CHARLESTON, S.C. (AP) — U.S. Attorney General Eric Holder, speaking Friday in the city where the Civil War began, said the first federal judge to write an opinion challenging the doctrine of separate but equal decades after it was the law of the land "was morally right and historically gutsy."
By Curtis Skinner NEW YORK (Reuters) - Glenn Greenwald and Laura Poitras, the U.S. journalists who reported on spy agency analyst Edward Snowden's leaks exposing mass government surveillance, returned to the United States on Friday for the first time since revealing the programs in 2013. Greenwald and Poitras flew into New York's John F. Kennedy International Airport on the same flight from Frankfurt, Germany, to receive a George Polk journalism award for their reports on how the U.S. government has secretly gathered information on millions of Americans, among other revelations. Their reporting on the leaks, which began last June, has sparked international debate over the limits of government surveillance and prompted President Barack Obama to introduce curbs to the spying powers of the National Security Agency earlier this year. "I really didn't expect anything to happen, which is why we finally came," Greenwald told reporters after embracing his partner, David Miranda, who had earlier said he was nervous as he waited for Greenwald to pass through airport security.
LOS ANGELES (AP) — Lions Gate Entertainment Corp. says the final book of its "Divergent" trilogy will be made into two parts, following the lucrative formula it has used for "Twilight" and is repeating for "The Hunger Games."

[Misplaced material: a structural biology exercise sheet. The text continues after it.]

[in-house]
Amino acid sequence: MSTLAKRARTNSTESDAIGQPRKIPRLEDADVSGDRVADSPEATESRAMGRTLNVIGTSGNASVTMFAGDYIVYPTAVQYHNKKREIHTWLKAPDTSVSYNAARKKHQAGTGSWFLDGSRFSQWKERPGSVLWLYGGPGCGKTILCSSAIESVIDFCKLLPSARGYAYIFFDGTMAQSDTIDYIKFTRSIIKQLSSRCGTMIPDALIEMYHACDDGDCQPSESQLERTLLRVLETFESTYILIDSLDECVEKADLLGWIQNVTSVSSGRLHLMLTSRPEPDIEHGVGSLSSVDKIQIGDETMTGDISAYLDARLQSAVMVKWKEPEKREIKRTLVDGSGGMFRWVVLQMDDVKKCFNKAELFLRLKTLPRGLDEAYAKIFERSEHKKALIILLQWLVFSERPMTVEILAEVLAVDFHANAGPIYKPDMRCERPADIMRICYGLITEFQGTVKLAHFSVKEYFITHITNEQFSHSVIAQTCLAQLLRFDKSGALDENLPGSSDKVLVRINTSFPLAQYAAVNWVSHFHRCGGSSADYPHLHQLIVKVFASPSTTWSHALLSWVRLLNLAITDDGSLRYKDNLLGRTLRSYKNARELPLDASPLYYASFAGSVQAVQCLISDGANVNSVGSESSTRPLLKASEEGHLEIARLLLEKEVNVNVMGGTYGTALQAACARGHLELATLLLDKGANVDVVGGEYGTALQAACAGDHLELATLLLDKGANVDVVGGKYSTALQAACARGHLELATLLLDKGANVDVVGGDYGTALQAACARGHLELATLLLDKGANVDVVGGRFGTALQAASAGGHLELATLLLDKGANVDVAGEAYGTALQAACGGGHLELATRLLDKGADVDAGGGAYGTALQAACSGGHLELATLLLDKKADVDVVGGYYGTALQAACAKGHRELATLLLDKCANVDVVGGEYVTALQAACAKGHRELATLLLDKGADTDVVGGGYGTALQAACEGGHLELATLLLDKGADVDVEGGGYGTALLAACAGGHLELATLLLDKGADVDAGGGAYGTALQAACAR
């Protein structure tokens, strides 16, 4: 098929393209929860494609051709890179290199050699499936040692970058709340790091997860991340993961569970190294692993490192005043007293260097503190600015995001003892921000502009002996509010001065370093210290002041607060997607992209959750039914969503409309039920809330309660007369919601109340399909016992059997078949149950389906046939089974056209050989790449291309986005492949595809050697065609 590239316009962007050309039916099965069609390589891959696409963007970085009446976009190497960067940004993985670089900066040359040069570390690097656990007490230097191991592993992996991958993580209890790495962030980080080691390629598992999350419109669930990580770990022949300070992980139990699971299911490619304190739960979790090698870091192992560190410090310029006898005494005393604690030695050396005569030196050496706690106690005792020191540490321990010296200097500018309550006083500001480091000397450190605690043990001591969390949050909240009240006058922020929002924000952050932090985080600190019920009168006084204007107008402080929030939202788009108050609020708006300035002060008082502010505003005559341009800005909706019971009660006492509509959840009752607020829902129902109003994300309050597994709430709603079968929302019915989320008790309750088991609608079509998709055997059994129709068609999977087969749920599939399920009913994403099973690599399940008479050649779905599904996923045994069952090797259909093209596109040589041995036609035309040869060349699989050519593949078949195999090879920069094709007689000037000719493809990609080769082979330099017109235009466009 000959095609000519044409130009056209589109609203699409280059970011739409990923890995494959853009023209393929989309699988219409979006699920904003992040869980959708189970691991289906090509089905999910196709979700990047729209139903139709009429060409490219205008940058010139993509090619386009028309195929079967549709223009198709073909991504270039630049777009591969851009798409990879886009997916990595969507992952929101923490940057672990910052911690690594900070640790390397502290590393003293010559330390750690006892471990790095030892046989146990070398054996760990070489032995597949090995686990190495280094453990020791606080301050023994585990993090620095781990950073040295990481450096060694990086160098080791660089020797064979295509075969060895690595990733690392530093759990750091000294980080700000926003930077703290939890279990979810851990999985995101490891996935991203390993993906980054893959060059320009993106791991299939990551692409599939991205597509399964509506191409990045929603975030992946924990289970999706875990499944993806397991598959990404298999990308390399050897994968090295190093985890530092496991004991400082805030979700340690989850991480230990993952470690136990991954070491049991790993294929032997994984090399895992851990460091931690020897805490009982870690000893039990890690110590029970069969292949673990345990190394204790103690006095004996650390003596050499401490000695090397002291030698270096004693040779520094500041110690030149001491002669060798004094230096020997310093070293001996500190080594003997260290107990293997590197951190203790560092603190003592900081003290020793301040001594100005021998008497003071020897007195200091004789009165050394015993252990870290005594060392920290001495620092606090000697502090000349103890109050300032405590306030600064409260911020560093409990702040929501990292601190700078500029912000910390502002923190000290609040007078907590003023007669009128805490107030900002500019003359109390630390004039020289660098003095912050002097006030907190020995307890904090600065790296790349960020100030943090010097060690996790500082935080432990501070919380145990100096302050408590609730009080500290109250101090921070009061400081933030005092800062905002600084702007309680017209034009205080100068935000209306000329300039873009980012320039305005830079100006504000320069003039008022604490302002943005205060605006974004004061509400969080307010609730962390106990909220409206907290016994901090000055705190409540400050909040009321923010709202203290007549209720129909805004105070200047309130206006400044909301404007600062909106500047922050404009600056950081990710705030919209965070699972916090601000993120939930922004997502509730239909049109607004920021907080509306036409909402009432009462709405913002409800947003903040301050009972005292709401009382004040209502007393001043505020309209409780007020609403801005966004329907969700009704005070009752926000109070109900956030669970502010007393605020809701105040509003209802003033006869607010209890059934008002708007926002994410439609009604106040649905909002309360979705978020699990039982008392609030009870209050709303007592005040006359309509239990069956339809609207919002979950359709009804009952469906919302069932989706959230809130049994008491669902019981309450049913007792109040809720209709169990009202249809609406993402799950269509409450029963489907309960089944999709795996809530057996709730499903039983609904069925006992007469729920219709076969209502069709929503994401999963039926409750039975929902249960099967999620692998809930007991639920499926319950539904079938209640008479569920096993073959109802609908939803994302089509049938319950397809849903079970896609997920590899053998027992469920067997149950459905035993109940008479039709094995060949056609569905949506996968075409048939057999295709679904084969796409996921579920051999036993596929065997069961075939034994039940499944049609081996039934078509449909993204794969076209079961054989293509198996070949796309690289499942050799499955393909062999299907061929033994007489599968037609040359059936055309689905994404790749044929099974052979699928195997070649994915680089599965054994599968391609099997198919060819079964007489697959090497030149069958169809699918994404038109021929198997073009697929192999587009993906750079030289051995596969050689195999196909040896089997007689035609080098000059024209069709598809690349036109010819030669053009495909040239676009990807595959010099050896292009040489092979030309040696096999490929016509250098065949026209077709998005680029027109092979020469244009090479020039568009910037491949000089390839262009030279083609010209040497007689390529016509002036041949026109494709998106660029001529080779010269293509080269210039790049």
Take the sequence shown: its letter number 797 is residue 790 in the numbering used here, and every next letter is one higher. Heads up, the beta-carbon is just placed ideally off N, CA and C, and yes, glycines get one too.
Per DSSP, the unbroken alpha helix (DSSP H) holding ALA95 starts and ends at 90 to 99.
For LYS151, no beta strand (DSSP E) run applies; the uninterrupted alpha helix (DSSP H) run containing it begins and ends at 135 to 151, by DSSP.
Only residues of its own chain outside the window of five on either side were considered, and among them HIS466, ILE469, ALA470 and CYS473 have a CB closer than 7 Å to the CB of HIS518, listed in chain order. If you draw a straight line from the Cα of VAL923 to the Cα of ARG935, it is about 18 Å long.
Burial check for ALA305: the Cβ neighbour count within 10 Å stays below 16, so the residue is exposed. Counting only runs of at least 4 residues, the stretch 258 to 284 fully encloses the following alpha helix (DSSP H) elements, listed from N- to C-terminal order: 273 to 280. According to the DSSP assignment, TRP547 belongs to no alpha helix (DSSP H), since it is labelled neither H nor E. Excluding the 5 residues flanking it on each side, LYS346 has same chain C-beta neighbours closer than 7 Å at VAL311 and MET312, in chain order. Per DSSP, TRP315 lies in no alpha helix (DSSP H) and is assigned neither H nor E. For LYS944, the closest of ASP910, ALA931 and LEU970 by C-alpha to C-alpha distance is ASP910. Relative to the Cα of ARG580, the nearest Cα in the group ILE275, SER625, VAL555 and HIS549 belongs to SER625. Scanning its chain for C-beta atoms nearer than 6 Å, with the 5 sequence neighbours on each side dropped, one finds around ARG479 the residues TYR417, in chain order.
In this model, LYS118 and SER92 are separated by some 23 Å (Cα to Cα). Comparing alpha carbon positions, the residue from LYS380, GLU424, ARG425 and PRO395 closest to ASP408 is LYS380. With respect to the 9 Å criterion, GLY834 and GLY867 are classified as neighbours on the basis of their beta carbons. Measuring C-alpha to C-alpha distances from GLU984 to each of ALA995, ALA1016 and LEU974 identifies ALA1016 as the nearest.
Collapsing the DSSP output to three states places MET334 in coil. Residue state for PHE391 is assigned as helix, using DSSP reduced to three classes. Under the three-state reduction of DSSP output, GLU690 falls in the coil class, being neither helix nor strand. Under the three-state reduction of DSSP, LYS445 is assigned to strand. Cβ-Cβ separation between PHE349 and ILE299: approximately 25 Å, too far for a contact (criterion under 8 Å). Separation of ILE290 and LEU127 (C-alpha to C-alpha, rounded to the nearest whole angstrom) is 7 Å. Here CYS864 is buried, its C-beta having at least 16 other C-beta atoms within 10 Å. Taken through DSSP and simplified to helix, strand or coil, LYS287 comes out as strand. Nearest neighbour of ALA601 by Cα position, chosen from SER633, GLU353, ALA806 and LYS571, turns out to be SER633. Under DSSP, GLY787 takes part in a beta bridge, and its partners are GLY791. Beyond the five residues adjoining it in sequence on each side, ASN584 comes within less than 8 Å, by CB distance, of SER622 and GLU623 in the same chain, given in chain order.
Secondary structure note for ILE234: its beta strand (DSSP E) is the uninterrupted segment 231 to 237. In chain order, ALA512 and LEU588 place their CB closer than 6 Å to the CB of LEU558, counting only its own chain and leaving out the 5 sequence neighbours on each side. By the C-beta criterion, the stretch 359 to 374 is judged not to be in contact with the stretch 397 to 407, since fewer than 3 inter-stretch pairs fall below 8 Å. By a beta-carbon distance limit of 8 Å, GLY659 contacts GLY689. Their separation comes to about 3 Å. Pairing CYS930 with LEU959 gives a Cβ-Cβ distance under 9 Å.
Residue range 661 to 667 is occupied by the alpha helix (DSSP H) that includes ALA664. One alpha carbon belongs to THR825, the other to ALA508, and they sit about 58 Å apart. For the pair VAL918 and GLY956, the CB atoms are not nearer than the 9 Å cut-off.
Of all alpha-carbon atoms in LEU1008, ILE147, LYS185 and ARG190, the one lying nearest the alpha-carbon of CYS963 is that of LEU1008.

WASHINGTON (AP) — Sylvia Mathews Burwell, nominated to run "Obamacare," would bring a wealth of expertise in economics and government management to one of Washington's toughest jobs, even though she has little direct experience in the health care industry.
By Cherie Curry DETROIT (Reuters) - Detroit's plan to get out of bankruptcy cleared a major hurdle on Friday when a U.S. Bankruptcy Court judge approved the cash-strapped city's third attempt at settling costly interest-rate swap agreements with two investment banks. The banks join a growing list of supporters for Detroit's plan to adjust $18 billion of debt and other obligations. In his bench ruling, Judge Steven Rhodes warned creditors fighting the plan that the city may now be eligible for a so-called cramdown judgment in which the court could confirm the plan without any further agreements by creditors. Orr, who has said he hopes to have the bankruptcy wrapped up by October 15, also urged creditors to get on board.
By Scott Malone BOSTON (Reuters) - The U.S. team prosecuting accused Boston Marathon bomber Dzhokhar Tsarnaev asked defense attorneys on Friday to notify them by next month if they plan to make the 20-year-old defendant's mental faculties an issue at trial. In a filing in U.S. District Court in Boston, prosecutors asked a judge to require the defense to notify them by May 7 if they plan "to introduce expert evidence relating to a mental disease or defect or any other mental condition of the defendant which bears on either the issue of guilt or the issue of punishment." Attorneys for Tsarnaev, who could face the death penalty if convicted of the April 2013 attack that killed three people and injured 264, could argue that the defendant is not wholly responsible for his actions or not deserving of execution, legal experts said. "There aren't a lot of directions you can go as a defense attorney," said Walter Price, a former federal prosecutor. "One of them is always mental and if you think you have the potential to argue that the defendant had diminished mental capacity or insanity, you have to prove it." Federal court rules require defense attorneys to notify prosecutors of their plans to mount such a defense to give the prosecution time to conduct its own expert review.